In the years before this series was set the usual method of capturing criminals was to offer a reward. This was done by both the state and private individuals. Private individuals would then produce the criminals and/or the stolen goods in order to receive the reward. The upshot of this was the creation of a system where the people who caught the criminals were often hand in glove with the criminals. The thief takers would also manufacture evidence against innocent individuals if the true criminal could not be found or would give him a sufficiently large bribe. Jonathan Wilde,the self-styled "Thief-taker General of England and Ireland", was the most notorious of this fraternity. He was hanged in 1725 for his more criminal activities.

As for the attitude of the English toward a public police force, they didn't want one. An Englishman's home was his castle and he did not want to be forced to allow an outside force into his home. This attitude is very clear in the first episode and the third.

So the proposed course the Fielding brothers took in trying to track down criminals was very forward thinking and done in the teeth of quite a bit of opposition.

I think the depiction of the London underworld was very realistic.
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8 of 8 people found the following review helpful By Thinker on June 27, 2009
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Well researched, well acted and well staged, without sacrifice to modern correctness or language - yes, this is the other side of the coin, and the language then was rough, as was the life for many, but people still poured into London by the thousands every year from the countryside seeking work, opportunity, fame, or just anonymity. There was nothing anywhere like London and it was seductive. During this period London's population stayed static despite the constant in-migration from the countryside, because the city consumed people like a monster: crime, overcrowding, bad food, gin - it's all here: The staging claustrophobic, shadowy and very real, the mapping innovative, the camera work nuanced and almost speaking, the fight scenes convincing. There's a great deal of humour in this series, as well, some of it very gallows, but that was another feature of the 18th century - a sense of black, ironic humour which may even seem a little callous to us today. The viewer sees how really rough the brothers had it during a time when you could get held up in Hyde Park at high noon by a highwayman, with little help but a few fellow crusaders like Saunders Welch. Henry alone, and then later (which this series depicts) with his younger half-brother John, fought 12-16 hours a day to keep the peace and to somehow, some way, put a stop to the Hydra-headed monster called crime that was devouring London. All in the face of deep distrust of anything resembling a standing police force from the mob and the aristocracy alike. The Brothers Fielding's efforts were paid from secret service money.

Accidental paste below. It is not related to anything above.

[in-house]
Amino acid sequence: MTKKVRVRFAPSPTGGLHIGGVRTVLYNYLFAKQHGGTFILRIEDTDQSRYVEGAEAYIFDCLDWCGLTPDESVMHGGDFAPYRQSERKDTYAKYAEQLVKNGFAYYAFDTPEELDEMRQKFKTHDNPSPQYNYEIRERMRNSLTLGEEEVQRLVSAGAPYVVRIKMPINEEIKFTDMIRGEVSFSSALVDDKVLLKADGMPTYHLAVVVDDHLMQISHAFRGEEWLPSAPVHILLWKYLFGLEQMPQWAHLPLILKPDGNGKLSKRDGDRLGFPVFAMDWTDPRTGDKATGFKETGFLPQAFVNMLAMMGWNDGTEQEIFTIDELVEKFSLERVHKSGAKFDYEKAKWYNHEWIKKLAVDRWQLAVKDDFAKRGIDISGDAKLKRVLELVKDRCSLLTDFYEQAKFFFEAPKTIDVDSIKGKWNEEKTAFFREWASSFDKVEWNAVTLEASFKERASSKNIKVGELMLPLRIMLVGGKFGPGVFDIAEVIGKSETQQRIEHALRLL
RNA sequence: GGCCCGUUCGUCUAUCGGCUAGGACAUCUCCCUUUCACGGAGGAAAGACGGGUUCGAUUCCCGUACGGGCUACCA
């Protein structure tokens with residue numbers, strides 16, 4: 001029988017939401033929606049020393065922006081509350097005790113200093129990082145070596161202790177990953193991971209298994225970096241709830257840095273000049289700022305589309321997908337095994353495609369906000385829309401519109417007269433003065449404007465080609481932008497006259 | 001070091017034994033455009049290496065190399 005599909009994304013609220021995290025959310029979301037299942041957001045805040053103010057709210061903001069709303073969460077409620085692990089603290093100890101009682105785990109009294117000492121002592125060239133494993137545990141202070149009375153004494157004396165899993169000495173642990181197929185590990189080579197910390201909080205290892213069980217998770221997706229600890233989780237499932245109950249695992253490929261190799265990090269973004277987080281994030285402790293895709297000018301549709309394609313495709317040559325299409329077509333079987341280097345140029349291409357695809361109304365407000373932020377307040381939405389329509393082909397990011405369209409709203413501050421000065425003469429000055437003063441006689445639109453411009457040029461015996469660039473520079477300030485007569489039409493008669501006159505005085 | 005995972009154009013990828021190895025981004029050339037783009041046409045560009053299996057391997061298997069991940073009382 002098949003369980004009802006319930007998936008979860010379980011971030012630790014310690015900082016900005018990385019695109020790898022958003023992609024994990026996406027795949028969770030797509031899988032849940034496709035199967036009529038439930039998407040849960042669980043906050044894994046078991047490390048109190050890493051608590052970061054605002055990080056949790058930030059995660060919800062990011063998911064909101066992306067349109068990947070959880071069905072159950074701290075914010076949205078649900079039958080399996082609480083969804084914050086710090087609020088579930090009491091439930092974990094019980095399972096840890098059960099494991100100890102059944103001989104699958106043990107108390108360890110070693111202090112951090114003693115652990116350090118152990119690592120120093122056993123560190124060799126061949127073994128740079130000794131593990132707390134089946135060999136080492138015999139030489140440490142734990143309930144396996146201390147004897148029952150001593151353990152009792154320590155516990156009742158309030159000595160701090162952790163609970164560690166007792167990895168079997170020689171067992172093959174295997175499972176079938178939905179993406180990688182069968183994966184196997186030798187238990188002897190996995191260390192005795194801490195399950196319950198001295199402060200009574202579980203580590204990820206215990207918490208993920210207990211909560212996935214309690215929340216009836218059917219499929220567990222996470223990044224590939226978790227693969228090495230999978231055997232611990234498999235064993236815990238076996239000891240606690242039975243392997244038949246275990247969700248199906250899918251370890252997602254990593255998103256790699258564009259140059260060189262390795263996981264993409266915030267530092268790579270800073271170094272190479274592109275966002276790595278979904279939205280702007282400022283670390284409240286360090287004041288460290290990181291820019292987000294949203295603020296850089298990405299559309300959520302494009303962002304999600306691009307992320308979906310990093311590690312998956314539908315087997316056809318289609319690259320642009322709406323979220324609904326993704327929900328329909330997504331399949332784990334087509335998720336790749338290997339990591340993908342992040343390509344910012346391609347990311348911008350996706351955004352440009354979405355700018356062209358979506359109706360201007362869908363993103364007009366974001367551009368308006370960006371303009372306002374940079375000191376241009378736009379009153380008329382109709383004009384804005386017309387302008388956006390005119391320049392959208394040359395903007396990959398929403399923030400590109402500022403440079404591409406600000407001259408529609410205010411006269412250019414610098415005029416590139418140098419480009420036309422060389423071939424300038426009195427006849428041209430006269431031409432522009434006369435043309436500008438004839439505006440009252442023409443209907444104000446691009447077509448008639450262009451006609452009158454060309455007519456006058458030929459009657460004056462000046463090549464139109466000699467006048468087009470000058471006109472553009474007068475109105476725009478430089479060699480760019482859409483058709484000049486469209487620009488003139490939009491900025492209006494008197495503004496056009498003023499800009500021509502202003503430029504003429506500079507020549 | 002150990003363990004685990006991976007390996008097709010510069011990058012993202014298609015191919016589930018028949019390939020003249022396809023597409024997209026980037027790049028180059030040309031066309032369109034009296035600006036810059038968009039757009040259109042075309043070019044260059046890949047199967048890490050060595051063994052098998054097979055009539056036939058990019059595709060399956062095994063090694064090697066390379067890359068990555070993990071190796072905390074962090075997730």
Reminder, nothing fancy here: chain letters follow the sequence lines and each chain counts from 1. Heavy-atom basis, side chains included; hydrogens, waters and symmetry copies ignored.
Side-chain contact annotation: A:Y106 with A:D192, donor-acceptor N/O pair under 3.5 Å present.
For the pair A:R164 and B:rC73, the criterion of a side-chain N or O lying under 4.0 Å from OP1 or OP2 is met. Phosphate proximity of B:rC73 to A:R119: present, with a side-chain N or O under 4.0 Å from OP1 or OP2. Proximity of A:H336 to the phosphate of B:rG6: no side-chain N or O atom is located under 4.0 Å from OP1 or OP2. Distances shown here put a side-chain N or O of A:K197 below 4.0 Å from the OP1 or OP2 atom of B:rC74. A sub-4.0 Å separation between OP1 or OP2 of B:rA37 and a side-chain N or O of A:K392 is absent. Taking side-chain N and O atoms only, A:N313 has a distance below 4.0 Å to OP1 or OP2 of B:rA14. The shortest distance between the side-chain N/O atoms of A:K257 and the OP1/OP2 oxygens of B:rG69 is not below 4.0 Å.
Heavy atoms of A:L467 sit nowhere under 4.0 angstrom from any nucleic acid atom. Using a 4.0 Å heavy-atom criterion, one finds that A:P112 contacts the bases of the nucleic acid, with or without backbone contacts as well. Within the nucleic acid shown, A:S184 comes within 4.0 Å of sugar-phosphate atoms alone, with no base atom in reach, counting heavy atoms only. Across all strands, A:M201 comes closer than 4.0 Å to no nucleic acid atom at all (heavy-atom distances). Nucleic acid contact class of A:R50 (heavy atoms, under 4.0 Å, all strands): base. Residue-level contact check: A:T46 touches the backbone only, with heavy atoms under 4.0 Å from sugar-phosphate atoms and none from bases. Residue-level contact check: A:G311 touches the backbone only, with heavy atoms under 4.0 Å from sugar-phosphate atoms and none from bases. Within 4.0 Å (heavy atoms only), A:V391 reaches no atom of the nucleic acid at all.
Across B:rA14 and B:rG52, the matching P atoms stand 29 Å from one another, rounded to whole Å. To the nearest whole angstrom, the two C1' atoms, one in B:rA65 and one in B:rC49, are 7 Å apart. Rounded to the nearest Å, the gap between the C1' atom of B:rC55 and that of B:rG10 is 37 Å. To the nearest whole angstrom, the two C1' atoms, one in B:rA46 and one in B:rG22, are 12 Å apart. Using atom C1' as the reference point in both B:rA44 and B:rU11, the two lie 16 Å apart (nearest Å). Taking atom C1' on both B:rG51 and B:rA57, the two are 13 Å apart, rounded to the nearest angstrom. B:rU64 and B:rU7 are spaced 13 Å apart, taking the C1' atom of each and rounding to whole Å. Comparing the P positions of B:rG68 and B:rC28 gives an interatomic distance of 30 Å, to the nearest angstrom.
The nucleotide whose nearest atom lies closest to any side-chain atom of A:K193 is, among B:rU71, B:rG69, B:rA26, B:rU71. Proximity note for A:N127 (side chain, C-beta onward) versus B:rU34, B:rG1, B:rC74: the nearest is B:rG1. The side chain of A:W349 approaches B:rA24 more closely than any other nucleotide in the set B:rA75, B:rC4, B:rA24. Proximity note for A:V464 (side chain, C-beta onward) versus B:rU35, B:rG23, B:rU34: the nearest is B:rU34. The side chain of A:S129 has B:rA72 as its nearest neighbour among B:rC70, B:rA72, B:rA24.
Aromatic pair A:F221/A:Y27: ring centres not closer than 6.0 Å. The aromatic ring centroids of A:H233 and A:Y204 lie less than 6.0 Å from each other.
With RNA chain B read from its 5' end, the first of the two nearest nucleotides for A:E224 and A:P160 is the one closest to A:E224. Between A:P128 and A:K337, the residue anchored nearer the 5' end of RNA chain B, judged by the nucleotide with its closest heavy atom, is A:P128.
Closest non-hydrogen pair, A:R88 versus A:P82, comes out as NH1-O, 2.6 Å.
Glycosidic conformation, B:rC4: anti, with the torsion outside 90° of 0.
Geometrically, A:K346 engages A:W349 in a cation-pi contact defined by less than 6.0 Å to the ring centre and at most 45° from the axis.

Here is where it all began, drawn from contemporary records (the Bow Court records) with a good job done even in small details.